What works for me might not work for you at all. What I love in a journal may be what you hate, or vice versa. So take some time and try some different options out and see what you like best. If you've tried journaling in the past and not taken to it, there's a chance that you weren't using the correct journal. Honestly, it is that important. Besides, whiling away the afternoon in an office supply store is almost as good as whiling away the afternoon at a bookstore. Or, you could do both and pretend you are Christmas shopping.**
Here are my guidelines, the qualities that work for me:
Lined paper. I don't know, maybe I like structure more than I think. The unlined pages are almost overwhelming to me. Plus, they make me feel like I should be adding delicate sketches or artful doodles and I'm just not good at that. So my journals are lined.
Spiral or soft binding. I carry my journal with me everywhere and could as easily be perched by a stream (okay I made that up, because I'm not generally that outdoorsy) writing as near a table. I need a journal I can balance on my knee and still write on easily. Up until recently, I was an adamant defender of the cause that all journals should be spiral bound. But then I became the last person on the planet to discover the Moleskine journal. Its soft cover doubles back on itself easily and works fine to write on in various situations. Another type of notebook that falls into this category is the good old composition book you can buy cheaply at any office supply store or stationery department. They'll have lots of good spirals, too. I still love me those spirals.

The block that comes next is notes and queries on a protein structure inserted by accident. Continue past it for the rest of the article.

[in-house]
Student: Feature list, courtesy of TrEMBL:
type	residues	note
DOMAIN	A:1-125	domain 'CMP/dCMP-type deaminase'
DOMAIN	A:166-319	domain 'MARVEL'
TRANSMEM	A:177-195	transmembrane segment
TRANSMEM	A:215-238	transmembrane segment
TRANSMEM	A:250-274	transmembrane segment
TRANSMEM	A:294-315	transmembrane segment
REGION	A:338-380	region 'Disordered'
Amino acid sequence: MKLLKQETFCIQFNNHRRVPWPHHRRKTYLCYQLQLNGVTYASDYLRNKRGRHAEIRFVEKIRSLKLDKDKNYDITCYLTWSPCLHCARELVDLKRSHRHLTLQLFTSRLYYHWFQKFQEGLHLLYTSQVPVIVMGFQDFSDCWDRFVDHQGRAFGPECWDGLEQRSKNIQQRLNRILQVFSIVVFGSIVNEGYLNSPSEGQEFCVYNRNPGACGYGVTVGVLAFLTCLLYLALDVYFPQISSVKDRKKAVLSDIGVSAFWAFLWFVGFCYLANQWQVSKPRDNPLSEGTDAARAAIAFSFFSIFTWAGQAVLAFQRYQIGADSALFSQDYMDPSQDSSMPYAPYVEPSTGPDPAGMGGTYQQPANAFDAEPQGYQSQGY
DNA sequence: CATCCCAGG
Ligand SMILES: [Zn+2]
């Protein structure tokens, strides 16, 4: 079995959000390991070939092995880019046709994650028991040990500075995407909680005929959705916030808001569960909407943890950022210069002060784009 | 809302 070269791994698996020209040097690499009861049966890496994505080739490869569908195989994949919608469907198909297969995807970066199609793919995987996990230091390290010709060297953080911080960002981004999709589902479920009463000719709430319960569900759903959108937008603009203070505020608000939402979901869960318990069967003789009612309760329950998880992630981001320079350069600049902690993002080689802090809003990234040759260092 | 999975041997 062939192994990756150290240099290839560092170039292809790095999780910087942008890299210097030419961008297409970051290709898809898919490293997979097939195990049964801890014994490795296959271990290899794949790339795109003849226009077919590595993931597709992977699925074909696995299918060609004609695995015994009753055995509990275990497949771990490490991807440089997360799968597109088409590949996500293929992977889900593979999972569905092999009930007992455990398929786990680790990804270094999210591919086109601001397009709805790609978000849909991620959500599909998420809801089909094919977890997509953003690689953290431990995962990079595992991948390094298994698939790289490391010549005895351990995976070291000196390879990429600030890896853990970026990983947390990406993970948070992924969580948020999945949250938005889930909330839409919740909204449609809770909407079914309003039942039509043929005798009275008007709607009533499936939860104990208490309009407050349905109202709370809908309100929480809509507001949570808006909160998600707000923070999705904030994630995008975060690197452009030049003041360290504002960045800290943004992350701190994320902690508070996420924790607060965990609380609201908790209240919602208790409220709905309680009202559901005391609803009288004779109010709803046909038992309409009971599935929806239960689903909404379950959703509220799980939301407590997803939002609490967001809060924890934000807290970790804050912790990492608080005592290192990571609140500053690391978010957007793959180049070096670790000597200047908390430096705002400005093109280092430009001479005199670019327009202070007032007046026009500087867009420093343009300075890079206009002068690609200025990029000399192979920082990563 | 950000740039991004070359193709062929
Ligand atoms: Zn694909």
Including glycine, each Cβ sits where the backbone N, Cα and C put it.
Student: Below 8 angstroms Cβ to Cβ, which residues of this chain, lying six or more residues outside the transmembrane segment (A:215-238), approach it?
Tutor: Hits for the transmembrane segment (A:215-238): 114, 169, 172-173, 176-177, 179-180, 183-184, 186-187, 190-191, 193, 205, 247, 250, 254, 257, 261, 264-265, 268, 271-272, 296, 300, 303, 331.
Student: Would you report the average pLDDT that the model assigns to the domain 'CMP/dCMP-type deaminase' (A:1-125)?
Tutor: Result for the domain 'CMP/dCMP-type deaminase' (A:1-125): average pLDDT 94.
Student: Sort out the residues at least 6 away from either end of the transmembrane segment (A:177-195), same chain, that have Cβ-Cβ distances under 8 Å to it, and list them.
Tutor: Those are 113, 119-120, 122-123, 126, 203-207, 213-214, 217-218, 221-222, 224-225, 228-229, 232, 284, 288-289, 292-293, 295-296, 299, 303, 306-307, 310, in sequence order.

Size does matter. I prefer the 5 by 8ish size, which is easy to stash in my purse or carry along. Some of you may prefer a pocket size, which I find a bit confining, or the big desk size. It is all about what works for you.
Um, I guess I don't have a fourth guideline. Except to repeat what I said earlier: find what works best for you. Experiment, play with the process. Find a journal that makes you long to stop everything, open it up, and write!
Besides the journal itself, there is the matter of the pen, which is nearly as important. Again, while some may prefer a bold tip, others may always go for the fine. I went through a long phase of preferring a medium point but am not back to an obsession with the fine point. Then there's color…while I have a long-standing preference for blue, it is harder to find than black. Plus these days there are all those great sets of multi-colored pens you can buy. When you find a pen you fall in love with, stock up on it immediately because, A. manufacturers stop making them for no reason I can tell, and B. pens are like socks and Legos, they disappear.
So that's it for journaling practicality. Feel free to share what your favorite journal and pen are in the comments. And stay tuned for the next installment (which, with luck, will be tomorrow) on journaling.
**Speaking of Christmas shopping, don't forget my free holiday gift to you this season–I'm giving away coaching sessions! Totally and completely free, they are, with no strings of any kind attached. Head on over here and check out the details.